Imagawayaki - is a Japanese dessert made with batter cooked in a special pan with a circular shape. It's traditionally filled with red bean paste but in recent years ingredients such as custard, fruit jams, meat, potatoes and curry are also common.
Oyakodon (Oyako Donburi) - literally "parent-and-child donburi", is a donburi, or Japanese rice bowl dish, in which chicken, egg, sliced scallion, and other ingredients are all simmered together in a sauce and then served on top of a large bowl of rice.
Katsudon (Katsu Donburi) - is a popular Japanese food, a bowl of rice topped with a deep-fried pork cutlet, egg, vegetables, and condiments. The dish takes its name from the Japanese words tonkatsu (for pork cutlet) and donburi (for rice bowl dish). It has become a modern ritual tradition for Japanese students to eat katsudon the night before taking a major test or school entrance exam. This is because "katsu" is a homophone of the verb katsu, meaning "to win" or "to be victorious". It is also a famous gag of Japanese police films: many people think that suspects will speak the truth with tears when they have eaten katsudon and are asked, "Did you ever think about how your mother feels about this?" Even nowadays, the gag of "We must eat katsudon while interrogating" is popular in Japanese films.
Subuta (Vinegar Pork) - The Japanese version of a Sweet & Sour Pork Chinese dish which tastes a little different than what we are used to in the US.
Shiozake - Highly salted dry salmon. A little goes a long way.
Mochi - a Japanese rice cake made out of special glutinous rice pounded into a paste and molded into a shape. During the mochitsuki event in Japan, otherwise known as the mochi pounding ceremony, mochi is made. In Japan, it is a traditional food mainly eaten during the Japanese New Year, although it is served throughout the year. Mochi can be made savory and sweet. The sweet version is known as Daifuku, which are round glutinous rice balls filled with sweet ingredients such as red bean or white bean paste.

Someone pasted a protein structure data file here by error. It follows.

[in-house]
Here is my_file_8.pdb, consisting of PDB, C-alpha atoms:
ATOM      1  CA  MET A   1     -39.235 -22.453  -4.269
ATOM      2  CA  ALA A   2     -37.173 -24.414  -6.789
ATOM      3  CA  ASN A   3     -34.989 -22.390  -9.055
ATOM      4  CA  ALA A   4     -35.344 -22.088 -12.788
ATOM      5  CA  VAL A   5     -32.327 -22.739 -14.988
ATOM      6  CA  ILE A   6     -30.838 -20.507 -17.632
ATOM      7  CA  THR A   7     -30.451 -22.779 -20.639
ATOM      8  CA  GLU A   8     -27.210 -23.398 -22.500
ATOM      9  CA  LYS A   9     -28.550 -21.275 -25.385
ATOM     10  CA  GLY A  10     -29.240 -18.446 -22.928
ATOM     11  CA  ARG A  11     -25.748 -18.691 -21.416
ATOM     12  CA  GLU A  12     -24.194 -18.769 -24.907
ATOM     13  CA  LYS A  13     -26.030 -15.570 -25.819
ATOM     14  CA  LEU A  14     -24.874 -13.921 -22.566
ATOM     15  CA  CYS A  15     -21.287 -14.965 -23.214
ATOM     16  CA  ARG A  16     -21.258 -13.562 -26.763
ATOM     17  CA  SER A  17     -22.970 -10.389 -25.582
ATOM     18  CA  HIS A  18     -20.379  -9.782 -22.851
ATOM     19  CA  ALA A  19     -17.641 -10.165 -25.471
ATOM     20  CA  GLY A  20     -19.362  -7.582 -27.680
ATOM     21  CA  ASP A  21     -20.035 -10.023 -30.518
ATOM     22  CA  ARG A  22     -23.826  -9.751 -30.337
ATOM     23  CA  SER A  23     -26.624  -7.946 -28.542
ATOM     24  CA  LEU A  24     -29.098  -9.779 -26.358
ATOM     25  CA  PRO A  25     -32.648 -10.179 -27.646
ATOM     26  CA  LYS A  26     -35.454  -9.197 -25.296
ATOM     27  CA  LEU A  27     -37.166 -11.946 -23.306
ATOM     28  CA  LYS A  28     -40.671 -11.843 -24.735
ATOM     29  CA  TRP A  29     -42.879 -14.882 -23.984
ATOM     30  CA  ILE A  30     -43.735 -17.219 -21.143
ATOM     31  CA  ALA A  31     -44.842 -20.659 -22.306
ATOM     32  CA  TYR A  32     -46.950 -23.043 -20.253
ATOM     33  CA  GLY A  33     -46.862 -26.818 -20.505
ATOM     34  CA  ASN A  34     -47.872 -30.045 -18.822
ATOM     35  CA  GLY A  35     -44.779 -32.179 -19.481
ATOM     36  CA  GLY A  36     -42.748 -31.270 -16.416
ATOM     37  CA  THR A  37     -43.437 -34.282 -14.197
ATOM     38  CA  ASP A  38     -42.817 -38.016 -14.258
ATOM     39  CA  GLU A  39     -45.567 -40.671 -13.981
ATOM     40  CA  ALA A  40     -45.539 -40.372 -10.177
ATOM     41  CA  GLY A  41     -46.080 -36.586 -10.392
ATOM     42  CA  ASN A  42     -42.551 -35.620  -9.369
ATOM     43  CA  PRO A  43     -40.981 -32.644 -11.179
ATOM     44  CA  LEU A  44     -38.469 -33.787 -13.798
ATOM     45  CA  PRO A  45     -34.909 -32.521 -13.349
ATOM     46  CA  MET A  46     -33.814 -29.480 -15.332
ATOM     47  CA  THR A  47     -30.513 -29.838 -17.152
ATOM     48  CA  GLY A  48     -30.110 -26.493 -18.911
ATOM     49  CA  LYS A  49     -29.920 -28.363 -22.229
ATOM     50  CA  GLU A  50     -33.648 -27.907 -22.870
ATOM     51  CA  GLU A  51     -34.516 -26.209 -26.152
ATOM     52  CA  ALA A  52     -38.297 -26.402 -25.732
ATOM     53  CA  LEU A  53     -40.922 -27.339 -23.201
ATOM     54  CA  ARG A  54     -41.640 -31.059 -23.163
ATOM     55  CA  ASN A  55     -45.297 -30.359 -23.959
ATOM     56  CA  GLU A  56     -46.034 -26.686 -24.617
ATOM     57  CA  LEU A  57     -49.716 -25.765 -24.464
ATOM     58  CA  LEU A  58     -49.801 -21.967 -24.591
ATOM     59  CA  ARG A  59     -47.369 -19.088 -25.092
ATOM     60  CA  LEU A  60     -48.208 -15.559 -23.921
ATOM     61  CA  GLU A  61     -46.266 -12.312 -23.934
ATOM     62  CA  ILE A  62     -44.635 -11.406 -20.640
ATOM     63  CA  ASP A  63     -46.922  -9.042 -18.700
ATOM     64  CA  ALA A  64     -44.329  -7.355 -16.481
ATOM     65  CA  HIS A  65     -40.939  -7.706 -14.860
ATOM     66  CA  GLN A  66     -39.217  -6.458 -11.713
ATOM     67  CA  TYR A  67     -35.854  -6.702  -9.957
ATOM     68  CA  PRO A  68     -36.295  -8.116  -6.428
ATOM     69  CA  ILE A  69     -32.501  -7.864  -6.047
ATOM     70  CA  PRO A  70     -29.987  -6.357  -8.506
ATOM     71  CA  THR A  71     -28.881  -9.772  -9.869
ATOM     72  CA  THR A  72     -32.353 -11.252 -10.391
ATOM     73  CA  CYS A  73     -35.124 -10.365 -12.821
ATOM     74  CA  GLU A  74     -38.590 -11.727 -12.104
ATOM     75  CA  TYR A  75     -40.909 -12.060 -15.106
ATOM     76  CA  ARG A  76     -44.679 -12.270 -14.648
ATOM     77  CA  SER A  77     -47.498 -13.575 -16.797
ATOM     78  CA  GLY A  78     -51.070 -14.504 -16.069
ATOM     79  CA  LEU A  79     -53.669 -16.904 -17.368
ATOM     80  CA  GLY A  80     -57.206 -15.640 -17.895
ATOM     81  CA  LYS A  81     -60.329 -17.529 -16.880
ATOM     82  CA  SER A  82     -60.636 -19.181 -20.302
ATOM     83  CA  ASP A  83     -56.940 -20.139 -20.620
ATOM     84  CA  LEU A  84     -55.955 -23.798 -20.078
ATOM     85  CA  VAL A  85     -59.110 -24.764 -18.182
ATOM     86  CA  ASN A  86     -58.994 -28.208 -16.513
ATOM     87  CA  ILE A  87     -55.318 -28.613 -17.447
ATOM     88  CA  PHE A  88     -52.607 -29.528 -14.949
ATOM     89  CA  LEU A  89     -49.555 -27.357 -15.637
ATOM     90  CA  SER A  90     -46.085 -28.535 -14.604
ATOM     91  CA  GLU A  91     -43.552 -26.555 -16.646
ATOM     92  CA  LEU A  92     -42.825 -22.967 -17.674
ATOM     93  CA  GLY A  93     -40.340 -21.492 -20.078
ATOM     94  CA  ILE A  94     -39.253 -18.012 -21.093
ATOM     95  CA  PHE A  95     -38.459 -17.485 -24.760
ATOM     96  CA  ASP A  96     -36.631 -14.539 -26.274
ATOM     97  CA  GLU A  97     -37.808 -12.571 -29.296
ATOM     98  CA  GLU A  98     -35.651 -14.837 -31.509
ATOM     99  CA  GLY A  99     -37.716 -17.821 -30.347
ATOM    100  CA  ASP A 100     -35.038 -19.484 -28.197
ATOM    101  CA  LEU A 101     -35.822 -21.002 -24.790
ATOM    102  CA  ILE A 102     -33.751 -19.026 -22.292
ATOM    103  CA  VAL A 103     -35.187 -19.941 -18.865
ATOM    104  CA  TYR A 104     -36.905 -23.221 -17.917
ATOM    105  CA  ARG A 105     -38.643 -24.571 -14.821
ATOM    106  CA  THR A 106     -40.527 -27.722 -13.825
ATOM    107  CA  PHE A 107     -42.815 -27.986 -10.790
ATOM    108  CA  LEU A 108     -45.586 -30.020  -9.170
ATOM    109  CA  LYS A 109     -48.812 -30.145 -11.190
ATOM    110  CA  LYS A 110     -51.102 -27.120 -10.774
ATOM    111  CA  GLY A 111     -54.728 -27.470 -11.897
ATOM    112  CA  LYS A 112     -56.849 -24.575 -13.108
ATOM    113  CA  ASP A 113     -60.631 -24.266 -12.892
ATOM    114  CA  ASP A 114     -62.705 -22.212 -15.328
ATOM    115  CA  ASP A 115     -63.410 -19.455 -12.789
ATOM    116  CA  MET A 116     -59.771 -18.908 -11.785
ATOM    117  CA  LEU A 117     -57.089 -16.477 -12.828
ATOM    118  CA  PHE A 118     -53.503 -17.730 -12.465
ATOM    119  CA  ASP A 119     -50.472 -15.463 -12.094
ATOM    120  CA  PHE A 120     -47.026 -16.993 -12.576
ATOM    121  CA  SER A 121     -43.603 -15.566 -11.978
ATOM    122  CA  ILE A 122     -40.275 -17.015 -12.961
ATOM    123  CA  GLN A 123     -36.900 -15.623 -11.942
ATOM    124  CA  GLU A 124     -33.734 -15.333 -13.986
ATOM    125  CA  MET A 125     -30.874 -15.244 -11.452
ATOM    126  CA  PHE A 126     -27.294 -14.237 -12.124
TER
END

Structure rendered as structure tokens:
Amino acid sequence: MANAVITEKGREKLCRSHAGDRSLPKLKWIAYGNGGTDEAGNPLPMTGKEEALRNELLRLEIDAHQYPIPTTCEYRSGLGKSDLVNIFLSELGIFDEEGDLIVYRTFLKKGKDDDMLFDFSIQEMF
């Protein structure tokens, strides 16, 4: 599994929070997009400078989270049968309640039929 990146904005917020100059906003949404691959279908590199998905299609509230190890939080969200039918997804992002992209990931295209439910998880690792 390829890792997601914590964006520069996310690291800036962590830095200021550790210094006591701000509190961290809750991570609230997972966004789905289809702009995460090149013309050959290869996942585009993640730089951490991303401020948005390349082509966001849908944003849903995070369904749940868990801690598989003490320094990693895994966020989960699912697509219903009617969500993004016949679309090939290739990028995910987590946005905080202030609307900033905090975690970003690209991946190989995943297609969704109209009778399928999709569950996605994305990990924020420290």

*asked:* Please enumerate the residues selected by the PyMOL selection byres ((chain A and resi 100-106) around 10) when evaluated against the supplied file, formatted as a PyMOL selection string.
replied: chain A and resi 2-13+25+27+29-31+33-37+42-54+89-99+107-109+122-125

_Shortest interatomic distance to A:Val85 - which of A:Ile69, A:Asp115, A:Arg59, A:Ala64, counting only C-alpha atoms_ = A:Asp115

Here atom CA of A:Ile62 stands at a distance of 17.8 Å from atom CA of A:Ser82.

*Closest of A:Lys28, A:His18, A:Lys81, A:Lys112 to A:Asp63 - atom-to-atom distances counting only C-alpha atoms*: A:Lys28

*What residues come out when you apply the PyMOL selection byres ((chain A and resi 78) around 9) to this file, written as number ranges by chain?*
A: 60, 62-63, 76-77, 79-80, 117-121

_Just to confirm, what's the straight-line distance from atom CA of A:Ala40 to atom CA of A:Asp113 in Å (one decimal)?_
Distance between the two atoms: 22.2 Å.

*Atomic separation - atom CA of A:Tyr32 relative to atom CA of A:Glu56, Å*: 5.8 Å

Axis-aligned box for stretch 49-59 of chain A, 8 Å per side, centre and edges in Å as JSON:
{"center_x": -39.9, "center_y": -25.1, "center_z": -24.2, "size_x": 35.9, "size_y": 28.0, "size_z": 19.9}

Tororo Imo - You most probably want to pass this one up. I love it, but chances are you won't. Besides it rarely appears on restaurant menus and most Japanese families prepare it at home so it would be difficult for you to find in a restaurant. It is made from a naraimo potato (aka: Chinese yam, Chinese potato, cinnamon-vine, a few other names - Dioscorea polystachya) which is a unique tuber that grows three feet under ground and can be eaten raw. The potato can be grated, have some seaweed, wasabi & soy sauce added and topped with a raw egg to quickly create the Tororo Imo dish. It's not that you won't like the taste, but you probably have never eaten a food of this consistency before.
Taiyaki - A most enjoyable and highly popular street food which can best be described as a pocketed waffle in a fish shape with a multitude of fillings such as custard, chocolate (like Nutella), sweet red bean paste, ice cream, cheese, etc. - endless variations. It is made via special heated mass molds similar to waffle irons with the stuffing added just before the top and bottom of the molds are joined. They are similar to the Imagawayaki, mentioned earlier, but the pastry portion is more waffle-like and crispier. Some street vendors are even placing other food products in the interior pocket such as meat, fish, and vegetables expanding the taiyaki choices. My two favorites are the custard and chocolate. But since, after buying one, as they are quite inexpensive, you are bound to pass another shop further down the street and you will be ready to experiment with another flavor. "Bet you can't eat just one!"
Photos and descriptions from various websites
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